This circadian rhythm controls alertness, sleep, hormone production,body temperature and organ function. The clock is not an organ; it could be called an organ system or a body-wide synchronization of oscillators that exist at a cellular level.
The relationship between core body temperature and waking/sleeping times plays out this circadian rhythm. When the body temperature is dropping, it is easier to get to sleep. When it rises, we tend to wake up. That is why it is easier to sleep in cool rooms.
We live on a clock, whether we want to or not. Not a man-made clock necessarily, but a natural clock that even our Stone Age ancestors followed. The rhythms of our days are at least partly biological. Physiological functions as well as social and cultural events occur in cycles. Even in our modern technological world these cycles are important and measurable differences in abilities are everyday tasks (cognitive and physical) depend on the time of day and where the body is within its cycles.
It is important that we be aware of our rhythms and the rhythms of others. How cranky or amiable people are can depend on where they are in the cycle. Job performance varies depending on where people are on the cycle, and such dangerous matters as drowsy driving are of informed by circadian rhythms.
The body’s physiological processes differ considerably in how sensitive they are to circadian rhythms. Some respond more to circadian clock changes and others more to the sleep-wake process. A variety of mechanisms in the body keep it all together, and external cues from the environment entrain the body to the larger world. The most important external cue is daylight, and temperature, smells (moreso in some animals than humans), and food intake tell the body where it is on the timeline. Man-made, cultural cues are important, too. These include work and school times, television and radio programs, and the activity of friends and family. Sometimes man-made clocks clash with the body’s natural clock and this can result in circadian rhythm sleep disorders.
The processes for keeping it altogether are manifold and a triumph of evolution. It is a combination of a top-down control with feedback and checks and balance from various organ systems. The brain, as might be expected, is in more-or-less control. In particular, an area of the brain called the suprachiasmatic nucleus functions as a master clock, although the control is not as tight as it is in say, the master clock of a computer system.
The SCN is a system of smaller oscillators. The individual SCN neurons can move in different periods (time cycles) in the laboratory – outside the body. But when the neurons are bundled together in the brain they oscillate together. The communication and syncing between the neurons is not due to neurotransmitters but to electrical potential. The overall cycle of the SCN is therefore an emergent property – an agreement among the various neurons that work together.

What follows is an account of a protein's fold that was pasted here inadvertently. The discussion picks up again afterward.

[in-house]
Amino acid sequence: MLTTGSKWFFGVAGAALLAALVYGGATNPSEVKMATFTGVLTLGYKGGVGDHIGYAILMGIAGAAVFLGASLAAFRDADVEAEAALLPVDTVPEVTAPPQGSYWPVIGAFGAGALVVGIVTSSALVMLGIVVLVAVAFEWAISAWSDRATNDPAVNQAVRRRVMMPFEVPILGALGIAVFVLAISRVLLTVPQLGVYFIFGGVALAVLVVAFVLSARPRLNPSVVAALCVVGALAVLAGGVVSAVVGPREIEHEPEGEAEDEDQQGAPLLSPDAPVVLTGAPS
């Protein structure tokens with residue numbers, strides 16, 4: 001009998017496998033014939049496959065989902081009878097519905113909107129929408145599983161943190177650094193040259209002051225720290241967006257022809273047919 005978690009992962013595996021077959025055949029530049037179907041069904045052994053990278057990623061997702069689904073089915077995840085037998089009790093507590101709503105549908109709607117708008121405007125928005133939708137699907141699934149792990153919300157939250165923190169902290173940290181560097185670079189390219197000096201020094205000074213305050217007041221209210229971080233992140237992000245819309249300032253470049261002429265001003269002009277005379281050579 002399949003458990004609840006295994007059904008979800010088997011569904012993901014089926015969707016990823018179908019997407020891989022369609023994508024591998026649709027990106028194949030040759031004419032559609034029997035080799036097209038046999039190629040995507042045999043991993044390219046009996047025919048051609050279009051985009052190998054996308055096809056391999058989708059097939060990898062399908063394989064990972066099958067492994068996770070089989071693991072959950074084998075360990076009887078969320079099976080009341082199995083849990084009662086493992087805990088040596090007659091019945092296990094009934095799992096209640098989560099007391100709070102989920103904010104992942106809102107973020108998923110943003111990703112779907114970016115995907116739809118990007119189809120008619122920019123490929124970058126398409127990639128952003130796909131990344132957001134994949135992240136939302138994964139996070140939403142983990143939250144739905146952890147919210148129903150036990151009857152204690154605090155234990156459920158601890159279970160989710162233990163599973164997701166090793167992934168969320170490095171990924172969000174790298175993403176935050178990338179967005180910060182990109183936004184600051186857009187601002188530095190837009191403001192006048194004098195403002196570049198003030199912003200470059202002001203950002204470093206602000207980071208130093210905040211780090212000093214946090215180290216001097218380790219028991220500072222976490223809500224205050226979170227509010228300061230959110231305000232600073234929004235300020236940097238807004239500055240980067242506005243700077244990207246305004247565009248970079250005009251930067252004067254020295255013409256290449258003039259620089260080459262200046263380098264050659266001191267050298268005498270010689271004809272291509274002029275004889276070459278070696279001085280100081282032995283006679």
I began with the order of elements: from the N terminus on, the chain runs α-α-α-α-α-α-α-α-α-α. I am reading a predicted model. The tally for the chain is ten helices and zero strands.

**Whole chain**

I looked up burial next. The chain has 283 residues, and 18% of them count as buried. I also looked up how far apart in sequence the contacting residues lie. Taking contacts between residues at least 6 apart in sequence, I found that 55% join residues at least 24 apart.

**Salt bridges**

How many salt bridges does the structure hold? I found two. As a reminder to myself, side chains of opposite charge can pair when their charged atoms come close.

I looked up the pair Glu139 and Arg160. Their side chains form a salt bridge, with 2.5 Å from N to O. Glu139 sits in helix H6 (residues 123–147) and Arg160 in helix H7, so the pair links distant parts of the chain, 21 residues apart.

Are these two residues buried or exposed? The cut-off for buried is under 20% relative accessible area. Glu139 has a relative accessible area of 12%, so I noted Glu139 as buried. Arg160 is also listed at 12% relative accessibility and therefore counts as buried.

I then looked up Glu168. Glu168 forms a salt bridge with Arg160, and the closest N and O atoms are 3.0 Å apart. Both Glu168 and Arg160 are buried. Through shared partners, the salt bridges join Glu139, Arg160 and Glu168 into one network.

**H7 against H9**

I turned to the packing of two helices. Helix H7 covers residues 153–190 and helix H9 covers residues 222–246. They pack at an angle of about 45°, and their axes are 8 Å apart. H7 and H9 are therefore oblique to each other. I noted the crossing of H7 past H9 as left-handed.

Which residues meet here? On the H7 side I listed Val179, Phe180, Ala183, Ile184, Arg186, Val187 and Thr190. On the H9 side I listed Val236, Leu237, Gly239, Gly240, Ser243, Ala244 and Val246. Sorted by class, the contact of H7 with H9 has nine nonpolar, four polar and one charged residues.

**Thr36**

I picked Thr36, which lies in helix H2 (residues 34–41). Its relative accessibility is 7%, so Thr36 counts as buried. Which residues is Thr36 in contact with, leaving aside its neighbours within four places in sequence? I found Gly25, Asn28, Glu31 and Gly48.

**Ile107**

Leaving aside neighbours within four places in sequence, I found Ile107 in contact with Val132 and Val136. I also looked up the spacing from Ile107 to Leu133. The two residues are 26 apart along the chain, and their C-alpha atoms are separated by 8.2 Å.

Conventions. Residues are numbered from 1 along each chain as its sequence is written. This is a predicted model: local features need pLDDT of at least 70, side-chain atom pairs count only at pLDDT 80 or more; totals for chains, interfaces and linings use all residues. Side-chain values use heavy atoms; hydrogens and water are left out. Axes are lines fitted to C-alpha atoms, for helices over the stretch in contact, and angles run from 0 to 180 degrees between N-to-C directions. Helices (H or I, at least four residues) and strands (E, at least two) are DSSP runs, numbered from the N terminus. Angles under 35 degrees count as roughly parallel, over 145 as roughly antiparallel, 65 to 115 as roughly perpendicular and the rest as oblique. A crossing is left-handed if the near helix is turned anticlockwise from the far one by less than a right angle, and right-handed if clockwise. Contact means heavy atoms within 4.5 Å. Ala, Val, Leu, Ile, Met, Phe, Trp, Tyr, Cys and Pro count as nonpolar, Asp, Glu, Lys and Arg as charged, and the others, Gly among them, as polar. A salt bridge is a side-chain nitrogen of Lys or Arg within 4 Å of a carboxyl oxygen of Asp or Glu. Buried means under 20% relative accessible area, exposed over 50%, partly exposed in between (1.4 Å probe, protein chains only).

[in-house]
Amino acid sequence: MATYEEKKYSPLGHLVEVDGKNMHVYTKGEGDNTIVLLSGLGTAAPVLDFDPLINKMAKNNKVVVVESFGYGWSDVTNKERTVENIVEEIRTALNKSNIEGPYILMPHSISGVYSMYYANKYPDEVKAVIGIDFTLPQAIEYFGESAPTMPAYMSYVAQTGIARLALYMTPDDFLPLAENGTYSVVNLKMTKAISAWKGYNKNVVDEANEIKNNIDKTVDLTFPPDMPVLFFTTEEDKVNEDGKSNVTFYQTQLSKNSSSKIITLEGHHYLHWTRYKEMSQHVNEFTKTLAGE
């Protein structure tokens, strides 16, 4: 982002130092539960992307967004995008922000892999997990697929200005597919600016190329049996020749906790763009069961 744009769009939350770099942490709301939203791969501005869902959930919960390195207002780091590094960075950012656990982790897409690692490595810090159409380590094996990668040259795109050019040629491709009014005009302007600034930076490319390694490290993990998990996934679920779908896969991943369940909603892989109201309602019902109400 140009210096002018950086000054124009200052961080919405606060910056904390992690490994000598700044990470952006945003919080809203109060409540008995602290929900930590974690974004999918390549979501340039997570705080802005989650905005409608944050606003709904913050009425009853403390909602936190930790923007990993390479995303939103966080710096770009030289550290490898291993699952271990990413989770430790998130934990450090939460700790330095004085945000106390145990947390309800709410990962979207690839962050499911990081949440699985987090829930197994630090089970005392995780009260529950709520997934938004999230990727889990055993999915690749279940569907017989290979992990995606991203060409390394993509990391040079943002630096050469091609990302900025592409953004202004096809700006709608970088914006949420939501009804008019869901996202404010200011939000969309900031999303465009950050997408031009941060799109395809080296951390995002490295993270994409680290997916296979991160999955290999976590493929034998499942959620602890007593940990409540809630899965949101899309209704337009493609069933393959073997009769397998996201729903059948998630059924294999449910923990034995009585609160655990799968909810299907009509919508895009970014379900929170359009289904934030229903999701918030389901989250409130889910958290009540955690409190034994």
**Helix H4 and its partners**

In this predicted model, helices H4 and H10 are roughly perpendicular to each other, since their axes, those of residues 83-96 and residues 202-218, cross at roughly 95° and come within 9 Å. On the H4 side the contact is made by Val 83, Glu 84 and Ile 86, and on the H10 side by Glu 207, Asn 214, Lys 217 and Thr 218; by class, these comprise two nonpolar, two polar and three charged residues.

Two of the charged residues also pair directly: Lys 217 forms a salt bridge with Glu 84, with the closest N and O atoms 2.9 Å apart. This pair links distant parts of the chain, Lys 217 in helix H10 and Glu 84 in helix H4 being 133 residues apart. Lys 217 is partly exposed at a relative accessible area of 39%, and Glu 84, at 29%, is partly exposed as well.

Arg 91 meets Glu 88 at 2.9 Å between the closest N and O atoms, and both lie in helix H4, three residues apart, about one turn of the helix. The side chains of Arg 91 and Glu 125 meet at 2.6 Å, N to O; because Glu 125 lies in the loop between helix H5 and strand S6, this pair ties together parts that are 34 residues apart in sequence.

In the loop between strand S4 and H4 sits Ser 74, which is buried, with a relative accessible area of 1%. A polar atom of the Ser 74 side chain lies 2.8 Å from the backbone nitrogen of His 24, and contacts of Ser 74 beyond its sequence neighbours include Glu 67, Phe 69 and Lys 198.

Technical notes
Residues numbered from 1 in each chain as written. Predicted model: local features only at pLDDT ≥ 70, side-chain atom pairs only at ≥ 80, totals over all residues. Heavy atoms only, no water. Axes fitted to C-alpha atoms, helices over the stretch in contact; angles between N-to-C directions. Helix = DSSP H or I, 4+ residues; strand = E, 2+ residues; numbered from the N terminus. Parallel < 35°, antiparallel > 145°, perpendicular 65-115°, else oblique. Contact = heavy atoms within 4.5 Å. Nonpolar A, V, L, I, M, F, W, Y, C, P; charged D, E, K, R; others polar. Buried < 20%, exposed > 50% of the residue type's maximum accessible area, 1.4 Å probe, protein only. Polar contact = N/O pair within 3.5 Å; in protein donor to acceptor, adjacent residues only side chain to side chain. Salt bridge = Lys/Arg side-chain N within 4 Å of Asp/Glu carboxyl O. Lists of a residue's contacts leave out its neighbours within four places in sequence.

Daylight and darkness provide external cues to the body and sync the circadian cycle to Nature. The mechanism for this synchronization involves light hitting the eye and sending a signal to the SCN. Detailed study has found the rods and cones in the retina are only tangentially involved in this process. The most important anatomical features are neurons in the retina called ganglion cells that directly communicate to the SCN. The pigments melanopsin and cryptochrome appear to be involved in the ganglion cells and their response to light, although the process is not fully understood.
Now, what happens in the rest of the body? Every human cell appears to have some oscillation, some circadian activity. But left alone, they drift. When studies in laboratory glassware, cells lose their rhythm. One thing the body does on a system-wide basis is coordinate cycles. The SCN functions as the master clock and physiological systems tie things together. These systems include nerves as well as chemicals like cortisol and melatonin. Different parts of the body respond and react in their own ways and not all systems adjust or entrain as well as others. For instance, the liver is slow to adjust. Scientists found kidney cells have a clock of 24.5 hours and cornea cells have one of 21.5 hours This partially explains the vague feelings of disruption people feel when they change time zones – each organ is adjusting one its own terms.
There is feedback from the rest of the body to the brain pacemaker. This can also be in the form of nervous signals or hormone release. Referred to as "peripheral circadian oscillators", these subsystems in the body outside the brain run on their own but are influenced by and influence the master clock. Circadian cycles are quite complex.